Most people know that creating a will can be as easy as filling out a form. In fact, it is easy to download a cookie-cutter form for free on the Internet in order to create your last will and testament all by yourself without the need to employ an attorney. However, is this safe and can such a self-made will withstand a formal challenge in probate court?
In some cases, a do-it-yourself will is going to be fine, especially if your situation is very clear cut and it is highly unlikely that your family members will not fight amongst themselves over the division of the estate. In these kinds of situations, where you do not have very much in the way of assets, estate planning can be completed through an easy to fill-out “form will.” That said, Florida residents who go this route will definitely want to educate themselves on will planning mistakes to avoid and the various nuances of Florida will planning law.
As for when it is more appropriate to employ an attorney, usually, the larger the estate, the more chances there are that family members will get into arguments about its division. Sometimes, even the littlest thing can spark a fight — like a piece of much-loved heirloom jewelry that two siblings want equally. Something of little value might also result in a probate battle if it has a great deal of sentimental significance to more than one family member.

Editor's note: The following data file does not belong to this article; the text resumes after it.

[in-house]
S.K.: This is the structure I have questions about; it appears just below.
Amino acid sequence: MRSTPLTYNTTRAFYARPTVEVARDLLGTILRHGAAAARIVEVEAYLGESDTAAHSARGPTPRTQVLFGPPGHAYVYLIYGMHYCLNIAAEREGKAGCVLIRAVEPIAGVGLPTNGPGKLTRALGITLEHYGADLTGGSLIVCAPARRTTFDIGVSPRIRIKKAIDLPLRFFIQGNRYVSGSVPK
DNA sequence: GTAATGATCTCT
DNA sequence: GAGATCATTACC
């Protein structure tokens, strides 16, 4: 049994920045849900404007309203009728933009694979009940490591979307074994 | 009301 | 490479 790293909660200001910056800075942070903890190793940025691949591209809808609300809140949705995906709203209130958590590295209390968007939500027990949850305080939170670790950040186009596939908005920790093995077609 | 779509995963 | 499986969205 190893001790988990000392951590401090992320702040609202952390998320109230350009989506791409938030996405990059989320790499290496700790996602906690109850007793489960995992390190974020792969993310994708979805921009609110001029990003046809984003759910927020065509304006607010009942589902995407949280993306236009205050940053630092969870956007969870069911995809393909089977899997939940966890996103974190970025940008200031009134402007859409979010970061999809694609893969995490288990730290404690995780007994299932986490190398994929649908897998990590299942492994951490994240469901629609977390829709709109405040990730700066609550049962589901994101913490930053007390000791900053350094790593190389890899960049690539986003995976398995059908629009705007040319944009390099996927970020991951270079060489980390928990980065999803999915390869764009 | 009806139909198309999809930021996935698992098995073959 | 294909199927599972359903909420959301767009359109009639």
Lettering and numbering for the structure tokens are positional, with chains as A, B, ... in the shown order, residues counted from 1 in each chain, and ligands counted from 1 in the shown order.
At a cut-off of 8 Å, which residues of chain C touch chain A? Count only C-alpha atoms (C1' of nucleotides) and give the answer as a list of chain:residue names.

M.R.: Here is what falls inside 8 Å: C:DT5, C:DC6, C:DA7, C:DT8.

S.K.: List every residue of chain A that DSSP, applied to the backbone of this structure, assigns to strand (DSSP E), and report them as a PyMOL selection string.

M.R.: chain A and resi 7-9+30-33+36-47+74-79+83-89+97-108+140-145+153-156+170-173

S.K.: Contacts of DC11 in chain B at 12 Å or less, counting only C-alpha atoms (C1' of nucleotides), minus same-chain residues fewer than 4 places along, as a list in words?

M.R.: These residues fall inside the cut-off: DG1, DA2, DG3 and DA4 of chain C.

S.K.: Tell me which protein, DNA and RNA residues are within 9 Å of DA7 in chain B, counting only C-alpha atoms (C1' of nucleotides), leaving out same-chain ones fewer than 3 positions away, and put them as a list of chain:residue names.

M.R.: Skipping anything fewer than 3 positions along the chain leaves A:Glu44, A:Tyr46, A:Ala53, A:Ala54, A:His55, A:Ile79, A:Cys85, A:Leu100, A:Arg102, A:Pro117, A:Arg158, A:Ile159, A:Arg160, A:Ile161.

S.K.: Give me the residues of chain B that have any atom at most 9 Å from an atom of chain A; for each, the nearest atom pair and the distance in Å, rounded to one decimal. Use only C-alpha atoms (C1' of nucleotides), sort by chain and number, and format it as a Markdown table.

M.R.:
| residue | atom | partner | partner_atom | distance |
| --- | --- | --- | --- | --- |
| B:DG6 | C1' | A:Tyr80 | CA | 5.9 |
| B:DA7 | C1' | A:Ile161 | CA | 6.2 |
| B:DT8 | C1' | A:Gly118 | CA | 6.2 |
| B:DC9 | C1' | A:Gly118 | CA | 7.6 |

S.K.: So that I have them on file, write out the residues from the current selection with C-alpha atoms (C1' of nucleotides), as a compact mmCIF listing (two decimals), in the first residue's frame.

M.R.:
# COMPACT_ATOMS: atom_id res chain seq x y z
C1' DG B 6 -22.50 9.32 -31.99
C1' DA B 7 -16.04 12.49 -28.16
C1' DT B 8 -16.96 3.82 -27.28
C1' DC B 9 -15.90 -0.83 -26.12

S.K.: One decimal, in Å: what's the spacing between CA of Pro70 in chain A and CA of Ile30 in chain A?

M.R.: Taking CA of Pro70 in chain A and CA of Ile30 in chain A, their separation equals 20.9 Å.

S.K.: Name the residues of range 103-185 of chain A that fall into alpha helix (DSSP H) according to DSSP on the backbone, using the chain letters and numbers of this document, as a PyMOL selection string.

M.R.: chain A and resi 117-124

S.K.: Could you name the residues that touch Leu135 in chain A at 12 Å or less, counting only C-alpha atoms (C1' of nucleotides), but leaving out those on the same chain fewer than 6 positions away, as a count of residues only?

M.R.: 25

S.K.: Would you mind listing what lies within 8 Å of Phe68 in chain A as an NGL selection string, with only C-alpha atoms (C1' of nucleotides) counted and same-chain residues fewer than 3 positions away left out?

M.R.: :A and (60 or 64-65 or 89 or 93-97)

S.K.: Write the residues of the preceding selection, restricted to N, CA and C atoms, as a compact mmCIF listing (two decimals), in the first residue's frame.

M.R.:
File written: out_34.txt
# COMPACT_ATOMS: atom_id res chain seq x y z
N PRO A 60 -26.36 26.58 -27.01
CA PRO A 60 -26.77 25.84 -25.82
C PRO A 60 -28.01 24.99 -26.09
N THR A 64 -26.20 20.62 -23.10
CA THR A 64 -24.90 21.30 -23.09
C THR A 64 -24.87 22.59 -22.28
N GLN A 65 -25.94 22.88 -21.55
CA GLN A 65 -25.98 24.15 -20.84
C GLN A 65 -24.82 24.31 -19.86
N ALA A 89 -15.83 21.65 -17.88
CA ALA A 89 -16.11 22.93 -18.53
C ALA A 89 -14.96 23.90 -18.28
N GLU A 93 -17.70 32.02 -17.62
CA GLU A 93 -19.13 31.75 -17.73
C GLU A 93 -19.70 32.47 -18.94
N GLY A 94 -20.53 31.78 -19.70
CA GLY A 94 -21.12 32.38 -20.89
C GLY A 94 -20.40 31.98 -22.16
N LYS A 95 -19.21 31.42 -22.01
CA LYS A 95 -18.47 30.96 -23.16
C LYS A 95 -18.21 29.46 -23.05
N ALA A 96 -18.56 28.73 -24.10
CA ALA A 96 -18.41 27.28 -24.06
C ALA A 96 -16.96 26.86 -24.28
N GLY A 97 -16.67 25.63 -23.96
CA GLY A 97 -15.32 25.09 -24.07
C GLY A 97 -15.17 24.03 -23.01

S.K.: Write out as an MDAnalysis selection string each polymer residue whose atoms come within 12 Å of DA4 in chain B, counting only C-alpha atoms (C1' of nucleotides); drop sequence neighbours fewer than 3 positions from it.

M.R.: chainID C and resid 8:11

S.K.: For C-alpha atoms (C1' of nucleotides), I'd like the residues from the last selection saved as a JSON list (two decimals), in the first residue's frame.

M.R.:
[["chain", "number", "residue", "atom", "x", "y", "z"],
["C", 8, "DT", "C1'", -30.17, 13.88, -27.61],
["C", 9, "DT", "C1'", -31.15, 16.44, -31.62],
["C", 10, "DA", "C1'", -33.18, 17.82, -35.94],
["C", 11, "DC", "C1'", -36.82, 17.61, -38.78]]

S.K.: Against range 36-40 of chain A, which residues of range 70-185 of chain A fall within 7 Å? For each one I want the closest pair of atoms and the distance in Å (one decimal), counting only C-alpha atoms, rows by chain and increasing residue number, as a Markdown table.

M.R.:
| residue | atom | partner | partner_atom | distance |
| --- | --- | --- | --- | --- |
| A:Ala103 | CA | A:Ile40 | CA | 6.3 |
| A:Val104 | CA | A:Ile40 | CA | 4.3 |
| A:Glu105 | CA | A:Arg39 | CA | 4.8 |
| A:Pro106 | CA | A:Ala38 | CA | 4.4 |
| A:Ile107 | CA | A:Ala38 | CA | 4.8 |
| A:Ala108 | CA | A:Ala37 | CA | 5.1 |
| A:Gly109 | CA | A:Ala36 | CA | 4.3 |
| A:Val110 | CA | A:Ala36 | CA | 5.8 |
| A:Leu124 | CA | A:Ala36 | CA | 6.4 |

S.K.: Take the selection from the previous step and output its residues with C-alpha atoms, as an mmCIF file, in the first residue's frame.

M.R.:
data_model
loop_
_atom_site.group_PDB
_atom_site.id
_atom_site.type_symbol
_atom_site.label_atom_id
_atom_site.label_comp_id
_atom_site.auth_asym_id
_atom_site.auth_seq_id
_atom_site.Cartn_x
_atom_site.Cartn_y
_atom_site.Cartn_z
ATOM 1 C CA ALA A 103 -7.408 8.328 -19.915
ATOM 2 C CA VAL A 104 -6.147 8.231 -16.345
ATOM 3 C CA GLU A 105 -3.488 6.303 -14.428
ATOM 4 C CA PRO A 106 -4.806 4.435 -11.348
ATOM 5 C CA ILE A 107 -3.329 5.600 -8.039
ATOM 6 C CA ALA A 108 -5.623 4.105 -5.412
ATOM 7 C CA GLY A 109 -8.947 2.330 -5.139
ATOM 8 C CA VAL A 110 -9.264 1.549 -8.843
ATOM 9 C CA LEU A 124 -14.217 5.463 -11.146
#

People with larger estates may also want to do some estate tax planning to try and reduce the estate tax burden on their estates and/or the inheritance tax burden that their heirs could face. Fortunately for Florida residents, our state does not impose an inheritance or estate tax following your death. However, the federal government does impose estate taxes. If you believe your estate could be valued at more than $5 million after your death, then it could be in danger of exceeding the federal estate tax exemption, and you may want to consider using the services of an experienced lawyer.
At the end of the day, Florida residents who have even the slightest hesitation, reservation or question regarding their wills, should — at the very least — seek a free consultation with a qualified legal professional to better ascertain whether it is in their best interests to obtain legal counsel.
Source: Dummies, “DIY or Not: Wills and Estate Planning,” Gabrielle Karol, accessed Aug. 13, 2015